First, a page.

Former JBA player claims LaVar Ball's league cut off contact after reneging on promised checks

Jack Baer
Yahoo Sports Contributor
LaVar Ball’s league has hit some speed bumps since its inception, but, hey, at least it’s given LiAngelo and LaMelo Ball a place to play. (AP Photo)

If LaVar Ball really wants his Junior Basketball Association to challenge the current player development system, its paychecks are going to need to come on time.

That doesn’t appear to be the case according to at least one account, as former JBA player Brandon Phillips claimed the league only paid him a third of what it promised him, per Cycle sportswriter Thomas Duffy.

Phillips discussed the case in the replies of Duffy’s tweet, saying that he can provide screenshots of messages from other players that can back up his account.

Players were told that low-end salaries in the JBA would come in around $3,000, which seems to be what Phillips was told he would be paid. Phillips gave up his college eligibility to play for the Los Angeles Ballers, but was let after four games when LiAngelo Ball joined the Ballers and proceeded to make a mockery of the league. Phillips had scored 11 points total and hauled in six rebounds at the time according to the league’s site.

News of Ball creating a league to compete with the NCAA for the nation’s young talent was met with a combination of skepticism and laughter, but stories like Phillips’, if true, show the darker side of a league that seems designed primarily for the benefit of its founder’s children. It’s hard to know if Phillips had any chance to play in college, but shredding his eligibility for $1,000 is a bad deal if he had even one scholarship offer.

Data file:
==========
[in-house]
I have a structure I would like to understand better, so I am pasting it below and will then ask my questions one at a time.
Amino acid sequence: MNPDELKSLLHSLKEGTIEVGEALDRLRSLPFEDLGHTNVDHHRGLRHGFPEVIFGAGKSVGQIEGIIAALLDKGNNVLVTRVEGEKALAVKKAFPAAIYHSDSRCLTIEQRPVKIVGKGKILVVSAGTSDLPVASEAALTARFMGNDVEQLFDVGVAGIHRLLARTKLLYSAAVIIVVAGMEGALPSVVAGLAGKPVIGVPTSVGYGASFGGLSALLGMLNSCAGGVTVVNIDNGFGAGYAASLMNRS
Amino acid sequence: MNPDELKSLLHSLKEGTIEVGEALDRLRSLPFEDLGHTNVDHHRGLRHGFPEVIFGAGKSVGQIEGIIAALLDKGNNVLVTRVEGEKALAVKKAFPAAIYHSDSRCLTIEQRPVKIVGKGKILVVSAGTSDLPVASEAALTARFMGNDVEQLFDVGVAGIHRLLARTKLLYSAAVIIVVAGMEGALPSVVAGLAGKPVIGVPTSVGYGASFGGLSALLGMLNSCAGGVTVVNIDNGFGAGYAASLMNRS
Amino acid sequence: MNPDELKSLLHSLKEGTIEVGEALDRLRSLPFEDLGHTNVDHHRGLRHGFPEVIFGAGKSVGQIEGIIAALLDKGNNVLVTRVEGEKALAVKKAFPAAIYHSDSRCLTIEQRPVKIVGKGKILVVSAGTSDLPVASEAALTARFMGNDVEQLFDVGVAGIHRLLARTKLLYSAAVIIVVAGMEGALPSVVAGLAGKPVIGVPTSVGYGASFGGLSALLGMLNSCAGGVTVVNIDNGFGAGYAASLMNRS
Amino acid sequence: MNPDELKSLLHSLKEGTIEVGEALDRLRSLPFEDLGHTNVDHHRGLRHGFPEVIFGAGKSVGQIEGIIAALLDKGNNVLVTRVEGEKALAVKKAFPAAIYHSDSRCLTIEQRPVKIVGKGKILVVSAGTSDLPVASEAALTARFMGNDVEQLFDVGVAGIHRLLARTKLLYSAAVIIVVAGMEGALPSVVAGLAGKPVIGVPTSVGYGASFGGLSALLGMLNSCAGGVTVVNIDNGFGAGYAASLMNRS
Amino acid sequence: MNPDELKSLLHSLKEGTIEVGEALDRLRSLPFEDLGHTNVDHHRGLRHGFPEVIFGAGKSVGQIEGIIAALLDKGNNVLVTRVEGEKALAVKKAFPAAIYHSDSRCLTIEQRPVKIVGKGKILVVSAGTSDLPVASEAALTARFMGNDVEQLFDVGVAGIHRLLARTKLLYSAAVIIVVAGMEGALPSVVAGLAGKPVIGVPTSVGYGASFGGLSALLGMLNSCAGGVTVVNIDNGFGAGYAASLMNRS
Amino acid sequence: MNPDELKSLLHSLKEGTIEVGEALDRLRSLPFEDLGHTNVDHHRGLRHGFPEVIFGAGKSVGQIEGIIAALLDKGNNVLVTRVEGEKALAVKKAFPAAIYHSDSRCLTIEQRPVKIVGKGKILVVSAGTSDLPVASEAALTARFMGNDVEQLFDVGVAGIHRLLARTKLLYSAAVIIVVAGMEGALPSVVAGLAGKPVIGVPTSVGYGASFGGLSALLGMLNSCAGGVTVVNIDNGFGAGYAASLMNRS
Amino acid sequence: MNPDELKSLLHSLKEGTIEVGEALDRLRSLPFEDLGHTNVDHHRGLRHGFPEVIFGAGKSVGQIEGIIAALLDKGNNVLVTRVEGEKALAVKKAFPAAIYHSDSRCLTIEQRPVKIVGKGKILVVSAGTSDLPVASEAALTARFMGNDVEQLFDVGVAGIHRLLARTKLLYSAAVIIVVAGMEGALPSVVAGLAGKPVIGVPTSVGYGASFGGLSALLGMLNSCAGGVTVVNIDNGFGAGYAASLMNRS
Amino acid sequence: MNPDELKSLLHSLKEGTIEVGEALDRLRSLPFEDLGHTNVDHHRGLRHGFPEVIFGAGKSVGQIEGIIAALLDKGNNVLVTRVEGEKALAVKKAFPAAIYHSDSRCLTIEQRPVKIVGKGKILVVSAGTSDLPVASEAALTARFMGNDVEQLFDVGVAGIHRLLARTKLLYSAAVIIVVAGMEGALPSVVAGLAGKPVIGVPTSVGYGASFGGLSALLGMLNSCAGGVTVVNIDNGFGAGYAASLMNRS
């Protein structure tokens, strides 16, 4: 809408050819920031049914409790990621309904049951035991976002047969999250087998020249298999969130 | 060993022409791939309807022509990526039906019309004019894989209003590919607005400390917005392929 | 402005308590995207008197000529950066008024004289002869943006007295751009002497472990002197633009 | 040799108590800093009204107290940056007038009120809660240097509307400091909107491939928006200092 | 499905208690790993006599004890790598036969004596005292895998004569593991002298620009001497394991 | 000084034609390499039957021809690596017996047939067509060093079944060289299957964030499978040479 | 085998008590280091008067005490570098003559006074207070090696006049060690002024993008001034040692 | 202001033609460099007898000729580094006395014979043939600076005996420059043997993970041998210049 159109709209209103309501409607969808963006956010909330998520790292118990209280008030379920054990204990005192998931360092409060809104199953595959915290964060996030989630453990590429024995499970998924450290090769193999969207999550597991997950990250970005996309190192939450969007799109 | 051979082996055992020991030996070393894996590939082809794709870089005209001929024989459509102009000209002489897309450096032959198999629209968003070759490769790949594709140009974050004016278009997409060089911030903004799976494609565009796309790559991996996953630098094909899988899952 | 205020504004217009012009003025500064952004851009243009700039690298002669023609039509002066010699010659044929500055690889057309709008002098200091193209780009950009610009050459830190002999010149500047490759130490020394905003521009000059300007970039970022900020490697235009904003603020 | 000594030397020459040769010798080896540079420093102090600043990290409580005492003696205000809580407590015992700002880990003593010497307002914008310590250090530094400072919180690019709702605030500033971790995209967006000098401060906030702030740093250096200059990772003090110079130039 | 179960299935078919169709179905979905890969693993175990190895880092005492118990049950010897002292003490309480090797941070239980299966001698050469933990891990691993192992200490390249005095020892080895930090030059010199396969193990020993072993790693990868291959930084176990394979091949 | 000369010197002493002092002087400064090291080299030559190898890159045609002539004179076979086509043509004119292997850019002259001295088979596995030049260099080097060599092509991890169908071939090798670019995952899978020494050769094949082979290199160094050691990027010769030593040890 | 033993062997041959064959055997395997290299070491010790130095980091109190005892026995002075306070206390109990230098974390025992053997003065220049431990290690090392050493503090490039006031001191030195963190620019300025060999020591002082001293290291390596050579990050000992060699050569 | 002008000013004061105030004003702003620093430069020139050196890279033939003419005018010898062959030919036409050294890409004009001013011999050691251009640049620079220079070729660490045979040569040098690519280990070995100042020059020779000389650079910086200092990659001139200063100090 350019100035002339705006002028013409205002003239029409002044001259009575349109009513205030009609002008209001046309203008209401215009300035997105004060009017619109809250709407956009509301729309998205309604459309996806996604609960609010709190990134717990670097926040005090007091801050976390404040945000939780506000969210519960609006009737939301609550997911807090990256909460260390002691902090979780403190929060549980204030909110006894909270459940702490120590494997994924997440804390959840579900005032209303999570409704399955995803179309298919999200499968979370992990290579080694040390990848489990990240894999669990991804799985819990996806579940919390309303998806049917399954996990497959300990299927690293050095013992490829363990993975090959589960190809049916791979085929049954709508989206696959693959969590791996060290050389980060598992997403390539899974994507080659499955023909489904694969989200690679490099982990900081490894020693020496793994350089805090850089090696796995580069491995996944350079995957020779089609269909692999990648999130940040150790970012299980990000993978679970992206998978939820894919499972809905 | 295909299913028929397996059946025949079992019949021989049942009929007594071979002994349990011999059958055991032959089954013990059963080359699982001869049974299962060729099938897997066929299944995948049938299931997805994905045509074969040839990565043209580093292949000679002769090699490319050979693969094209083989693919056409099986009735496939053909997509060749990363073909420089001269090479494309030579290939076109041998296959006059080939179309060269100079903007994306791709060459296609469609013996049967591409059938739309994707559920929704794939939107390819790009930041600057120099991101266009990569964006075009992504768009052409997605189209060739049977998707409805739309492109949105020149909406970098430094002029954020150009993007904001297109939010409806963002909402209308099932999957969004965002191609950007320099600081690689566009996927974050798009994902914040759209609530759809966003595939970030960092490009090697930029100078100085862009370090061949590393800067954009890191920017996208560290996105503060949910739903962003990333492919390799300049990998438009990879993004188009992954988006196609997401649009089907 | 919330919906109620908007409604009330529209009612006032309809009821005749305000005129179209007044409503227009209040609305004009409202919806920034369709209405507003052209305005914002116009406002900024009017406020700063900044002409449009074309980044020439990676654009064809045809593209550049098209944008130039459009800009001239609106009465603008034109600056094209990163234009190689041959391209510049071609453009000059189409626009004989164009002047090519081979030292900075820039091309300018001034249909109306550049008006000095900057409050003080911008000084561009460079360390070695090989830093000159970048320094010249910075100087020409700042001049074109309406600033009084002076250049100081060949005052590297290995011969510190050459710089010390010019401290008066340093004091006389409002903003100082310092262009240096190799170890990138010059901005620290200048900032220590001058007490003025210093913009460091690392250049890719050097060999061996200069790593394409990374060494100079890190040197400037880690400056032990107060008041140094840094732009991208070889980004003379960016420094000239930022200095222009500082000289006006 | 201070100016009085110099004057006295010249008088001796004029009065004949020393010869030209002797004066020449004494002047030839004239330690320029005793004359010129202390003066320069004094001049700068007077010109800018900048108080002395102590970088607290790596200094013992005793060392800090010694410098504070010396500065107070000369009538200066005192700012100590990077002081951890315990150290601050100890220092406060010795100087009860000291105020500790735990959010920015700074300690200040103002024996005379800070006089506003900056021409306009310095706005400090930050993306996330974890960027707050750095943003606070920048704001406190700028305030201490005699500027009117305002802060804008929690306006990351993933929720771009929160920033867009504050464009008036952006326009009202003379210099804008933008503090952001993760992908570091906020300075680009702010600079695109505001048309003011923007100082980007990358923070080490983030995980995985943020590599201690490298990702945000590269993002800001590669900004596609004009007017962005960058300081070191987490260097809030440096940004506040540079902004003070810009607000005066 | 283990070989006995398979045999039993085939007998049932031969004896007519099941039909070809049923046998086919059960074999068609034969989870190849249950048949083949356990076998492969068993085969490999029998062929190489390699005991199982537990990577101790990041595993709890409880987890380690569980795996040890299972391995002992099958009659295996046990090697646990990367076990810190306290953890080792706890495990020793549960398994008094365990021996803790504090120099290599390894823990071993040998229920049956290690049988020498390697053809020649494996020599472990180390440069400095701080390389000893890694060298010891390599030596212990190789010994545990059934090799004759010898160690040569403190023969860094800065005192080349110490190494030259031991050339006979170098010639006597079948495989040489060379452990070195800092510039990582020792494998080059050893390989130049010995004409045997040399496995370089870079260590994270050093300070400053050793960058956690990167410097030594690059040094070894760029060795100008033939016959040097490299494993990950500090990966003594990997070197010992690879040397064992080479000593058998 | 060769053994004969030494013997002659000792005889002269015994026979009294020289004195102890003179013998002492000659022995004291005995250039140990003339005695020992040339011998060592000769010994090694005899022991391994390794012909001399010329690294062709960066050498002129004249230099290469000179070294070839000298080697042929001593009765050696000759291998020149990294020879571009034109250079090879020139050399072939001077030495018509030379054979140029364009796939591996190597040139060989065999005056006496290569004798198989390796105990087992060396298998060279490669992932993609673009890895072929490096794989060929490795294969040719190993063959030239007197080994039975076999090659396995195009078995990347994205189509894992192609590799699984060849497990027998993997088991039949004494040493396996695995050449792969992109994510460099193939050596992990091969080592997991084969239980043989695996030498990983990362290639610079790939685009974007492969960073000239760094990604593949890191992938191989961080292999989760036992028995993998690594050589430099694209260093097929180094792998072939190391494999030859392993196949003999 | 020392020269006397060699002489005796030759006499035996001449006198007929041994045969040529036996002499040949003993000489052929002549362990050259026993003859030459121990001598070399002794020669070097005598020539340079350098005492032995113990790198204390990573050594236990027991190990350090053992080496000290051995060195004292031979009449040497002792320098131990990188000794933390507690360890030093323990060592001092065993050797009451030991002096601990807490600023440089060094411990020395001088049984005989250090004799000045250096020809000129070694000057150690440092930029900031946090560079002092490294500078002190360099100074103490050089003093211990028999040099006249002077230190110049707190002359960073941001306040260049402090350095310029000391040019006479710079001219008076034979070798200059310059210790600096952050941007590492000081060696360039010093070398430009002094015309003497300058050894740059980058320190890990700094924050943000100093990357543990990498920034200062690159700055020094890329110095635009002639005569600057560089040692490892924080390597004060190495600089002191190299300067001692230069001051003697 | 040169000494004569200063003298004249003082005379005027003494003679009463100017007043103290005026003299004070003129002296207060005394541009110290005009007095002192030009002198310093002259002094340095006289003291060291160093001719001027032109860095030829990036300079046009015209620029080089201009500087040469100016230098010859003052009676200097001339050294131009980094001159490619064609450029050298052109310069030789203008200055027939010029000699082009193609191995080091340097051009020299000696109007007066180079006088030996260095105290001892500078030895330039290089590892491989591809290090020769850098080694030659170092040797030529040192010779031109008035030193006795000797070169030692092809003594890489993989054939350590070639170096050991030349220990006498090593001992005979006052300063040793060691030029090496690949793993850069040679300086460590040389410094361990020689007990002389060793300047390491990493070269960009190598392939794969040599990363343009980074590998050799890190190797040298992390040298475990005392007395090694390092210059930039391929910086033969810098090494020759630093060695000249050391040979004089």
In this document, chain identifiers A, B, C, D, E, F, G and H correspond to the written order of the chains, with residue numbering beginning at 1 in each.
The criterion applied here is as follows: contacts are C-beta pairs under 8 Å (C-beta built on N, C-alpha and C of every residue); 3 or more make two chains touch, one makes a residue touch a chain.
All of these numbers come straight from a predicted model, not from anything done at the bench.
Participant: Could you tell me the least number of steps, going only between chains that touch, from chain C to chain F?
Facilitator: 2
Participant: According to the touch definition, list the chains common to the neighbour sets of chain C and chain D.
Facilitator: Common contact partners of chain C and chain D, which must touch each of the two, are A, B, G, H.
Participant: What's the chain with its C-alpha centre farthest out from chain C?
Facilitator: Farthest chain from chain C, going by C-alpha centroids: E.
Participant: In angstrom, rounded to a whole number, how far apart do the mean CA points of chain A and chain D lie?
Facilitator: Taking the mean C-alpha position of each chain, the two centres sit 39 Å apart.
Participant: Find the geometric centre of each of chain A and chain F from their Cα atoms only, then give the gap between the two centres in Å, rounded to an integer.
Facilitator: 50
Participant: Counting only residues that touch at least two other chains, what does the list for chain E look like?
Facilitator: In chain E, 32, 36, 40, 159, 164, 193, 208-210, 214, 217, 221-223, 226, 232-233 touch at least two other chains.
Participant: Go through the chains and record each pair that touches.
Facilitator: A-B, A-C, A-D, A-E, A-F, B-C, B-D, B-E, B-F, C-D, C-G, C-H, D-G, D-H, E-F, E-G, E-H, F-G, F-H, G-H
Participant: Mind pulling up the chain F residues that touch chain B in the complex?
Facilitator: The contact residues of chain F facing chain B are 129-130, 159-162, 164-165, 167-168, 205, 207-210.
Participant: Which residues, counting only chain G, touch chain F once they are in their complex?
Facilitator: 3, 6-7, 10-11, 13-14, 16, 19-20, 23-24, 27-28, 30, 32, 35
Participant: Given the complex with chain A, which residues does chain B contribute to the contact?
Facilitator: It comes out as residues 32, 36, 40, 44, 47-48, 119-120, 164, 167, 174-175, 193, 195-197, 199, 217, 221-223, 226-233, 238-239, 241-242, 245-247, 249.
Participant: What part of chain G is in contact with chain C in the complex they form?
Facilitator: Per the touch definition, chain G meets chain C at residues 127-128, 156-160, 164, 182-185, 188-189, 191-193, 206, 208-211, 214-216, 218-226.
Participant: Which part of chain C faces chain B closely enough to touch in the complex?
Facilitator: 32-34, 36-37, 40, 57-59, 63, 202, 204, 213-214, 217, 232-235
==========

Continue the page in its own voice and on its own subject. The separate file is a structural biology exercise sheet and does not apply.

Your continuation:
It has shocked no one that the JBA’s attendance has been sparse at best, just look at the crowd in the background of one of its games. The league still charges up the nose for tickets, per USA Today, for a level of competition that is supremely lacking compared to college ball and its Big Baller Brand merchandise is infamously overpriced.

Add in the possibility that the league isn’t paying its players what they were promised and you have another blow to its legitimacy over just $2,000, leaving a very fair question of how long it can survive.

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